Stockholm always has a soothing effect on me. Surrounded by clean water and crisp air, decorated with beautiful buildings and healthy looking people who smile at you with their big, straight white teeth, beach blond hair waving in the wind – Sweden is reliably fulfilling its clichés.
Sweden gives me an instant holiday feeling. And it pleasantly reminds on the very beginnings of Big M’s and my relationship, when he was still living in the city on the waterfront. Fortunately, one of my best friends is still living there, giving me the best reason to go back again and again.
Of course, the heatwave found its sudden end when I arrived late last Friday, and the temperature dropped about 15 degrees within one day.
We spent Saturday rummaging around the boutiques on Östermalm, walking up the little hill, passing the delicatessen food market Östermalmshallen (where I once naïvely bought the world’s most expensive raspberries for about £ 20 the kilo) and finally settling down on the canopied terrace at Lisapåtorget for some Champagne and skagentoast.
If you want to buy a bottle of wine in Sweden, you need to look for a Systembolaget – the only store that has the license to sell alcohol, as long as you are 20 years old or older. When I handed Julie a bottle of bubbly and some money, the cashier sent us a warning look and asked for both our ids. There must be something in the water…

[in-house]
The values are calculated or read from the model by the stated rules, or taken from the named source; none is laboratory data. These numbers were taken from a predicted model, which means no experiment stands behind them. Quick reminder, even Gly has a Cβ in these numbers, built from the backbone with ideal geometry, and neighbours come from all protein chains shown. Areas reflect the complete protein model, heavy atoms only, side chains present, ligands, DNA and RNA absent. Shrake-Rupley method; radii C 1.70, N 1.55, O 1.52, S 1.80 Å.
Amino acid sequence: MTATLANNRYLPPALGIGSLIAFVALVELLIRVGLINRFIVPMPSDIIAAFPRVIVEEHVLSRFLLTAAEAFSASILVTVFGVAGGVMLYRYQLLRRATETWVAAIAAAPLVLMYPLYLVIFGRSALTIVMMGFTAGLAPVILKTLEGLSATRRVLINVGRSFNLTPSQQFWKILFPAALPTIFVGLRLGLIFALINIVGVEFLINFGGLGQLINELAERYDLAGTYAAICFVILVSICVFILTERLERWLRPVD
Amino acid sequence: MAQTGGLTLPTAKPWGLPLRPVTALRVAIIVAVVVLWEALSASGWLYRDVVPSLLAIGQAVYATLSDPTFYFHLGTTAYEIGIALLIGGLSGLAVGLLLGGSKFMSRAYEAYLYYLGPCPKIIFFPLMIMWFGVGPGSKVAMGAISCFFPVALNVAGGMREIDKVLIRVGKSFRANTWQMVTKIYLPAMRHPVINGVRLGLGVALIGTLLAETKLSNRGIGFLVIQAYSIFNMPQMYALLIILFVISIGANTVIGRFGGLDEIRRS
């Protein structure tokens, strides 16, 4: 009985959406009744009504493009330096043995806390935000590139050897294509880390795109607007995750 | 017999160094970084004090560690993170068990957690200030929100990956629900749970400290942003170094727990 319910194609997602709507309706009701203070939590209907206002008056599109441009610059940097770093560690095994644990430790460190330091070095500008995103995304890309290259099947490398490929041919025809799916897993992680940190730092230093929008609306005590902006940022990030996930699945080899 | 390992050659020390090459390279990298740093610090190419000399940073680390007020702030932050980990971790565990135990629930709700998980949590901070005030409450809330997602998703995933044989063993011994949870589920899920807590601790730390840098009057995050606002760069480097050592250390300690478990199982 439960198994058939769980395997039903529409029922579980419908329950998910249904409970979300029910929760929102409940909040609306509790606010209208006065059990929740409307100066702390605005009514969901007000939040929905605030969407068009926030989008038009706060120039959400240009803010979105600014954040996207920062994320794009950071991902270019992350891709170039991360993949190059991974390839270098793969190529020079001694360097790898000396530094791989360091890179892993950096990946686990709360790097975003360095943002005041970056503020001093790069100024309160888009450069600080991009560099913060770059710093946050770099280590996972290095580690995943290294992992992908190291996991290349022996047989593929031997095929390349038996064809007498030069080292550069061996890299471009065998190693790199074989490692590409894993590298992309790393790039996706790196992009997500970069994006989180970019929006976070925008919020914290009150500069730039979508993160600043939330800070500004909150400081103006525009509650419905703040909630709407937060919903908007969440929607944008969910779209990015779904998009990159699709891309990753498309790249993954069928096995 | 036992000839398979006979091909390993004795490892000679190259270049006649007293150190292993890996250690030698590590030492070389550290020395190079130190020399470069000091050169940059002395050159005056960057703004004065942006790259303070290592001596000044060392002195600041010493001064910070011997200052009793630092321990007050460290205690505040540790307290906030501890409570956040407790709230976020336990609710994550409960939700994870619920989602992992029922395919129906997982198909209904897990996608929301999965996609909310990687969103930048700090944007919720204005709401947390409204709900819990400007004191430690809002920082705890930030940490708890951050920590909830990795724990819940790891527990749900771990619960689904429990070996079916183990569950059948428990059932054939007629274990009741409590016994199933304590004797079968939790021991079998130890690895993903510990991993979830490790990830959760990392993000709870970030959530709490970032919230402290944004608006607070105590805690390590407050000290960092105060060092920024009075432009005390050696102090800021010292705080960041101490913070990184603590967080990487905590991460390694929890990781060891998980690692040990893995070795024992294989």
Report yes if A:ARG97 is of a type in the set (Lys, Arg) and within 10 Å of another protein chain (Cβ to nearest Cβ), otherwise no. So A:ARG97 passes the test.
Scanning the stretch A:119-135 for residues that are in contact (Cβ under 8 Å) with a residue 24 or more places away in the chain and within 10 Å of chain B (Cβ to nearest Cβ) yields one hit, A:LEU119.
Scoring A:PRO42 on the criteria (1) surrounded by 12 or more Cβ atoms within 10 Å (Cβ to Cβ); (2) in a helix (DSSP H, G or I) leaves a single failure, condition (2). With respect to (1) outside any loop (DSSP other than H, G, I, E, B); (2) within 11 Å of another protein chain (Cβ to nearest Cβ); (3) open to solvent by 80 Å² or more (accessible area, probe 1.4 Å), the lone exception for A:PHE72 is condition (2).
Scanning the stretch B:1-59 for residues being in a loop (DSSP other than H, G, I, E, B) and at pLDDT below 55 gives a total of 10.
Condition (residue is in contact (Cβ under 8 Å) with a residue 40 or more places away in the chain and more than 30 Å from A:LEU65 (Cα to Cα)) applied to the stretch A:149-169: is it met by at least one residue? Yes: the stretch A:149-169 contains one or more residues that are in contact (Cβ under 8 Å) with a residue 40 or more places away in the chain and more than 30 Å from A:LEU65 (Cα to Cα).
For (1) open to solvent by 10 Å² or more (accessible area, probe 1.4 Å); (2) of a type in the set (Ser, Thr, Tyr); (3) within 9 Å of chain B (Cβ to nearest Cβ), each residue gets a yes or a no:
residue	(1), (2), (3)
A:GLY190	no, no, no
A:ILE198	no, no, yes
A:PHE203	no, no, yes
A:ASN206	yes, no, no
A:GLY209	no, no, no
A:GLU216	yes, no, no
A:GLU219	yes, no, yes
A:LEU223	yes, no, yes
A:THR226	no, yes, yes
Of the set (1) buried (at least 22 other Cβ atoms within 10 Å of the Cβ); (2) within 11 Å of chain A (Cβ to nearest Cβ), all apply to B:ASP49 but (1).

Unfortunately, we didn’t make it in time to my favourite bakery, Riddarbageriet, for one or two if their delightful cinnamon buns. When the drizzle slowly turned into a raging torrent of rain, we made our way back to the island where Julie and the Flip Flopper live.
Getting to work in the city takes Julie 30 minutes. She walks the little path down to the water, takes a few steps on the pontoon and jumps onto her boat. Crossing the water from the island to mainland takes about seven minutes. There are no cars on the island, but there is a tiny bus ferry that crosses a few times per day, if you don’t own a boat. I am amazed how easily she manages the logistics, but surprisingly, my friend Julie, the girl that grew up in Berlin and detested Munich for being too quiet, doesn’t seem to be bothered by being cut off at all.
It’s not hard to see why she fell in love with the island. We went for a walk and she showed me around, starting at their house with the steamboat-like chimney, passing gigantic strawberry plants, strolling down to the water where a houseboat accommodates the island’s dagis (nursery). All the while tiny baby toads hopped in front our feet over the wet grass.
It looks like Julie has found a place that is 100% her. Long may it last!